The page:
How did Tunisia’s Arab Spring Influence Neighboring Algeria?

While Tunisia was having its Arab Spring in 2011 I was wondering what was going on in the neighboring countries such as Algeria. I feel like we don’t hear much about Algeria but it does have an interesting history. Algeria was one of the longest held territories of France until its independence in 1962. Before, gaining independence there was an eight year war between the local Muslim population and the French colonialists. The National Liberation Front (NLF) which was led by Ahmad Ben Bella, represented the local population and because they won the war the NLF established a one-party system. Just three years later Ben Bella’s government collapsed and was taken over by Houari Boumédiène.



Ahmed Ben Bella


Houari Boumédiène

In 1988 people took to the streets and started protesting for a more democratic system, lowering food prices and unemployment. This protest turned violent when the military opened fire. However, many new economic polices were established as a result. From 1991-2004 Algeria went through a civil war. During this time frame in 2001 there was The Black Spring which fought to recognize the Berber language and culture.

This background information is important to keep in mind when discussing Algeria. Even though there were demonstrations in 2011 the government did everything in their power to keep things peaceful and to avoid losing power.

Some people believe that one of the reasons that there was no violence in Algeria during this 2011 uprising is because it reminded people of their past. In 1988 people took to the streets to protest which resulted to violence. It is believed that there were many similarities between 1988  and 2011 (Volpi 2013). Unemployment and the increasing food prices was the reason for the 1988 Revolution in Algeria. Sporadic protests did take place in Algeria however, it was not enough to take down the government. As a result of the protests the government decided that it was in its best interest to lower food prices.

In 2011 when Mohamed Bouazizi a food vendor, lit himself on fire it inspired many people in similar situations to to do the same all over Algeria. This led to some protests in Algiers but was quickly stopped. Abdelaziz Bouteflika who is currently the leader of Algeria not only learned from the country’s past but also, learned from the surrounding countries in North Africa. One of the ways that deterred a collapse of the government was avoiding the use of violence as well as promising positive changes for the people. Below is Bouteflika’s picture.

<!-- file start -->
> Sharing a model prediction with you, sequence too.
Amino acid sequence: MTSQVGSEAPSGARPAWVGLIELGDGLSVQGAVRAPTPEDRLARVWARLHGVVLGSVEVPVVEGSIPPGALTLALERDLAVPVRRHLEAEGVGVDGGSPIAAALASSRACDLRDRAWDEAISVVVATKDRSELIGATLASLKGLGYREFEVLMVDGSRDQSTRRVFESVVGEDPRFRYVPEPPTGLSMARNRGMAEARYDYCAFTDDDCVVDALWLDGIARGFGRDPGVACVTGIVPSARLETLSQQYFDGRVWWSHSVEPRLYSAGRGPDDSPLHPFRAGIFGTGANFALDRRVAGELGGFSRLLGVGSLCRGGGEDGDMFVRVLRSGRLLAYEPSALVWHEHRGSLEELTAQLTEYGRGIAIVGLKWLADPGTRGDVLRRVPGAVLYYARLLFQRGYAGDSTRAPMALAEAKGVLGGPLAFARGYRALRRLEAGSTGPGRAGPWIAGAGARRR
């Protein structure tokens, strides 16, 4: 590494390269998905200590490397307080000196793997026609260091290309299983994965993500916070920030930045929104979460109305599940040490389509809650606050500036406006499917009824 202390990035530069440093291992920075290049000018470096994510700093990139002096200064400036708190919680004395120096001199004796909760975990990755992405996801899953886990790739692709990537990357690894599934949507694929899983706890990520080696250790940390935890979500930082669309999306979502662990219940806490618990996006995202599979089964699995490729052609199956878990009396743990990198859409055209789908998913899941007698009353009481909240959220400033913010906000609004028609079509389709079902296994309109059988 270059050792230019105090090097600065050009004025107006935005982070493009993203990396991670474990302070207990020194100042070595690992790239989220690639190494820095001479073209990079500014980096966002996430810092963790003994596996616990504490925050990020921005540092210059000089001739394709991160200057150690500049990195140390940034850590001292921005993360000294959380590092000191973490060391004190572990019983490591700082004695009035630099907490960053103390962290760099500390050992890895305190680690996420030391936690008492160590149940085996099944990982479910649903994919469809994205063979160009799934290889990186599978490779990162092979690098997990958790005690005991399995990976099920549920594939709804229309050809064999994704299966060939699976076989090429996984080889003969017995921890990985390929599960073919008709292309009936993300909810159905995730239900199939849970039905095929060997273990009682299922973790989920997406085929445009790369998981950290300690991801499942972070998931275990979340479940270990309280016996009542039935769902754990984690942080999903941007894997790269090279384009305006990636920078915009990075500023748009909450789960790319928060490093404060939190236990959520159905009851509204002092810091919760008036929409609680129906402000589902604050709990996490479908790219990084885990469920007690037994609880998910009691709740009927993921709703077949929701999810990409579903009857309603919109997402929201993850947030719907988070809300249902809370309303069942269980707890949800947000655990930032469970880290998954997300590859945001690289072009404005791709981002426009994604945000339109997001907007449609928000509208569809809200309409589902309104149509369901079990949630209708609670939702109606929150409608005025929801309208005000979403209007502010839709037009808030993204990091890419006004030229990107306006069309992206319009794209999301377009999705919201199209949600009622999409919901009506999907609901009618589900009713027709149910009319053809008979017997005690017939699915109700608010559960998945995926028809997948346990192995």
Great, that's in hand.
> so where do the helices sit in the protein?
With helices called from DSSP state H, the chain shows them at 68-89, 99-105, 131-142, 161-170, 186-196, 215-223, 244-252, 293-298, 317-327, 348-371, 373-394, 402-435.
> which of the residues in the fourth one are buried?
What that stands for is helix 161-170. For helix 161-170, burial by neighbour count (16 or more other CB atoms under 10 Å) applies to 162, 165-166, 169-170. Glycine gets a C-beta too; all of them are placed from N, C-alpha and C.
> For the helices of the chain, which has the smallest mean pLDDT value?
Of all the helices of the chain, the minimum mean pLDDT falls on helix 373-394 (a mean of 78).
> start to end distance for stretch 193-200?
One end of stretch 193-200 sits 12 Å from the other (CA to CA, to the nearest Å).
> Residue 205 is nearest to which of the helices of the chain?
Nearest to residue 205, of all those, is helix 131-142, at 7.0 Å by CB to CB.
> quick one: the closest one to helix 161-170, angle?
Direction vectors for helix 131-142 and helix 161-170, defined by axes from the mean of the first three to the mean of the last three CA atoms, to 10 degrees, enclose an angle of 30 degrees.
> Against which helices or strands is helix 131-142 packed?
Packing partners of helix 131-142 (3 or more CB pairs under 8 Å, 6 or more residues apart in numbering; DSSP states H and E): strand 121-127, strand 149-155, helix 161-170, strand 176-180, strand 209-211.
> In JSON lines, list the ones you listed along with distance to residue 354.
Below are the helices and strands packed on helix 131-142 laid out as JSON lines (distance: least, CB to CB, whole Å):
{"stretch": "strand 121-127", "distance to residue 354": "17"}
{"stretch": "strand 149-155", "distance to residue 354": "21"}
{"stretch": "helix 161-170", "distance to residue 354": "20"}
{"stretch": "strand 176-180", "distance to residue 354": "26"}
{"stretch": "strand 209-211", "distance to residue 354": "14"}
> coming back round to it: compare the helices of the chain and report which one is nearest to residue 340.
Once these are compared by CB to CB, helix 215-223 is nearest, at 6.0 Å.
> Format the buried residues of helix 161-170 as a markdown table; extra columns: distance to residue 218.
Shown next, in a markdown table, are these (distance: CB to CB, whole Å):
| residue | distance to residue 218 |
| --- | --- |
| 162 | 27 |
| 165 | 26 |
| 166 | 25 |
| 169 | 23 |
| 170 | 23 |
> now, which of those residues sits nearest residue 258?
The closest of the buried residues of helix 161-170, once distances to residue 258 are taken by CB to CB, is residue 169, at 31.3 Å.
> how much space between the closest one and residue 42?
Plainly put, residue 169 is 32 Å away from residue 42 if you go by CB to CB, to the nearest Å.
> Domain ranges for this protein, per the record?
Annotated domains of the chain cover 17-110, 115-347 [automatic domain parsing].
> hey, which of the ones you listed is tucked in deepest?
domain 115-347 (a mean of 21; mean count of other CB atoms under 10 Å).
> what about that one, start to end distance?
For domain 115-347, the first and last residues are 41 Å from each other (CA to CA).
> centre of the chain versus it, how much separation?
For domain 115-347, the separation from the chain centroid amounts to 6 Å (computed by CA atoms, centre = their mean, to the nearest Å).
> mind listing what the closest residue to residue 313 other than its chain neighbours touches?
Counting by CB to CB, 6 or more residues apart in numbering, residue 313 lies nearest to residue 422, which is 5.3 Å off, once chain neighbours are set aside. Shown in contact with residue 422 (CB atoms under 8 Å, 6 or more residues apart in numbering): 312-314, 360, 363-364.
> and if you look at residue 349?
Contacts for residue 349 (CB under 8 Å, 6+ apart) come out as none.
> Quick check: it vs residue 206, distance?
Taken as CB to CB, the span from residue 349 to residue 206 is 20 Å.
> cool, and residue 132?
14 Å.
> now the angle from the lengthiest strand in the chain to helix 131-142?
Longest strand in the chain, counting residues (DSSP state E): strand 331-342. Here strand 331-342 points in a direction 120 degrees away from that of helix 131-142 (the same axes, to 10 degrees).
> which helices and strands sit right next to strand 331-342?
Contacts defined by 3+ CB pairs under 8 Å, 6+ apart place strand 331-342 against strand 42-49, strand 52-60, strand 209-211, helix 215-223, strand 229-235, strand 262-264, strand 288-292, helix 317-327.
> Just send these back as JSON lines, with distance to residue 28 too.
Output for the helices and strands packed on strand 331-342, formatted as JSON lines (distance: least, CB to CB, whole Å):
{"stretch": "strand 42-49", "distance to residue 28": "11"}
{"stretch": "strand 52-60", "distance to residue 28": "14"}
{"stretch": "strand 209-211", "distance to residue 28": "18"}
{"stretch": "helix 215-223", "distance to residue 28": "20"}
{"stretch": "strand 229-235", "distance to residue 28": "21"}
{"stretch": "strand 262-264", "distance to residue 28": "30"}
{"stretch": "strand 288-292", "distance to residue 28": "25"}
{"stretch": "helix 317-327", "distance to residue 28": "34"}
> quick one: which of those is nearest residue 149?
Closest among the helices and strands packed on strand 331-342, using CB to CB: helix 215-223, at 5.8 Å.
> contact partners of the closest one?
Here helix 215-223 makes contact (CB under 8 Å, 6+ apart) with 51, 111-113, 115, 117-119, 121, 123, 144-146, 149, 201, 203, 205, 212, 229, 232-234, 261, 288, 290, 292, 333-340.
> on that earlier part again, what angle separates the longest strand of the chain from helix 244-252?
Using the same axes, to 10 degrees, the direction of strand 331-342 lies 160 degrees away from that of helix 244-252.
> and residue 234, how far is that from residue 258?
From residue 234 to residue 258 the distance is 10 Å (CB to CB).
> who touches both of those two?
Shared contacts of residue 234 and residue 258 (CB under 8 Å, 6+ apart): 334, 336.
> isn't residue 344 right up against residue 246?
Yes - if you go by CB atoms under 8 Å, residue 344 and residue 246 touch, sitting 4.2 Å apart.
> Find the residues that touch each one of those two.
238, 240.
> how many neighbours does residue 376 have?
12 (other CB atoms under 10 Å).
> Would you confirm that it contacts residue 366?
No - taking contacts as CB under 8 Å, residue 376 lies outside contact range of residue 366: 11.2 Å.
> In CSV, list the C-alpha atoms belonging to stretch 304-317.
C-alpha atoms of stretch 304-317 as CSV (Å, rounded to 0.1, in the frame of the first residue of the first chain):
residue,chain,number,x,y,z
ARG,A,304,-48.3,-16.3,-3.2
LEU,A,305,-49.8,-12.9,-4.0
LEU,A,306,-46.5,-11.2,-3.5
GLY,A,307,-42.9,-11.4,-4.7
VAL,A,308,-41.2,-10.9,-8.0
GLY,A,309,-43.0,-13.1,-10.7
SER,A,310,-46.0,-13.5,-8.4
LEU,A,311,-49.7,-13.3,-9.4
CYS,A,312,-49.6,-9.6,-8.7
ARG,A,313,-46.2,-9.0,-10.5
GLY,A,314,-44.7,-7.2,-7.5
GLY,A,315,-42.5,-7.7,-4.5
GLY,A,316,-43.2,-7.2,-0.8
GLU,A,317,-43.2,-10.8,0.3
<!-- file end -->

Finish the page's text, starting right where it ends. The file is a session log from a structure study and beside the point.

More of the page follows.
Below is a recipe for Algerian Bouzgene Berber Bread with Roasted Pepper Sauce.

Berber’s are an ethnic group throughout North Africa. While they are Algerian they do not identify themselves as Arabs.


4 tomatoes 1 tablespoon olive oil 4 cloves garlic, chopped 1 jalapeno pepper, chopped salt to taste 2 pounds semolina 1 1/2 teaspoons salt, or to taste 3 cups water, or as needed 4 tablespoons olive oil 6 tablespoons olive oil for frying Add all ingredients to list

20 m
20 m
Ready In
40 m
Preheat your oven’s broiler. Place red bell peppers and tomatoes on a baking sheet, and roast under the broiler for about 8 minutes, turning occasionally. This should blacken the skin and help it peel off more easily. Cool, then scrape the skins off of the tomatoes and peppers, and place them in a large bowl. Remove cores and seeds from the bell peppers.
Heat 1 tablespoon of olive oil in a skillet over medium heat. Add the jalapenos and garlic, and cook until tender, stirring frequently. Remove from heat, and transfer the garlic and jalapeno to the bowl with the tomatoes and red peppers. Using two sharp steak knives (one in each hand), cut up the tomatoes and peppers to a coarse and soupy consistency. Stir, and set sauce aside.
Place the semolina in a large bowl, and stir in salt and 4 tablespoons of olive oil. Gradually add water while mixing and squeezing with your hand until the dough holds together without being sticky or dry, and molds easily with the hand. Divide into 6 pieces and form into balls.
For each round, heat 1 tablespoon of olive oil in a large heavy skillet over medium heat. Roll out dough one round at a time, to no thicker than 1/4 inch. Fry in the hot skillet until dark brown spots appear on the surface, and they are crispy. Remove from the skillet, and wrap in a clean towel while preparing the remaining flat breads.
To eat the bread and sauce, break off pieces of the bread, and scoop them into the sauce. It will slide off, but just keep reaching in!





Laoubi, K., & Yamao, M. (2012). The Challenge of Agriculture in Algeria: Are Policies Effective?. Bulletin of Agricultural and Fisheries Economics, 12(1), 65-73.

Del Panta, G. (2014, July). Why did not authoritarian regime fall in Algeria?. In Paper presented at the ECPR Graduate Conference (Vol. 3, p. 5).
Volpi, F. (2013). Algeria versus the Arab spring. Journal of Democracy, 24(3), 104-115.

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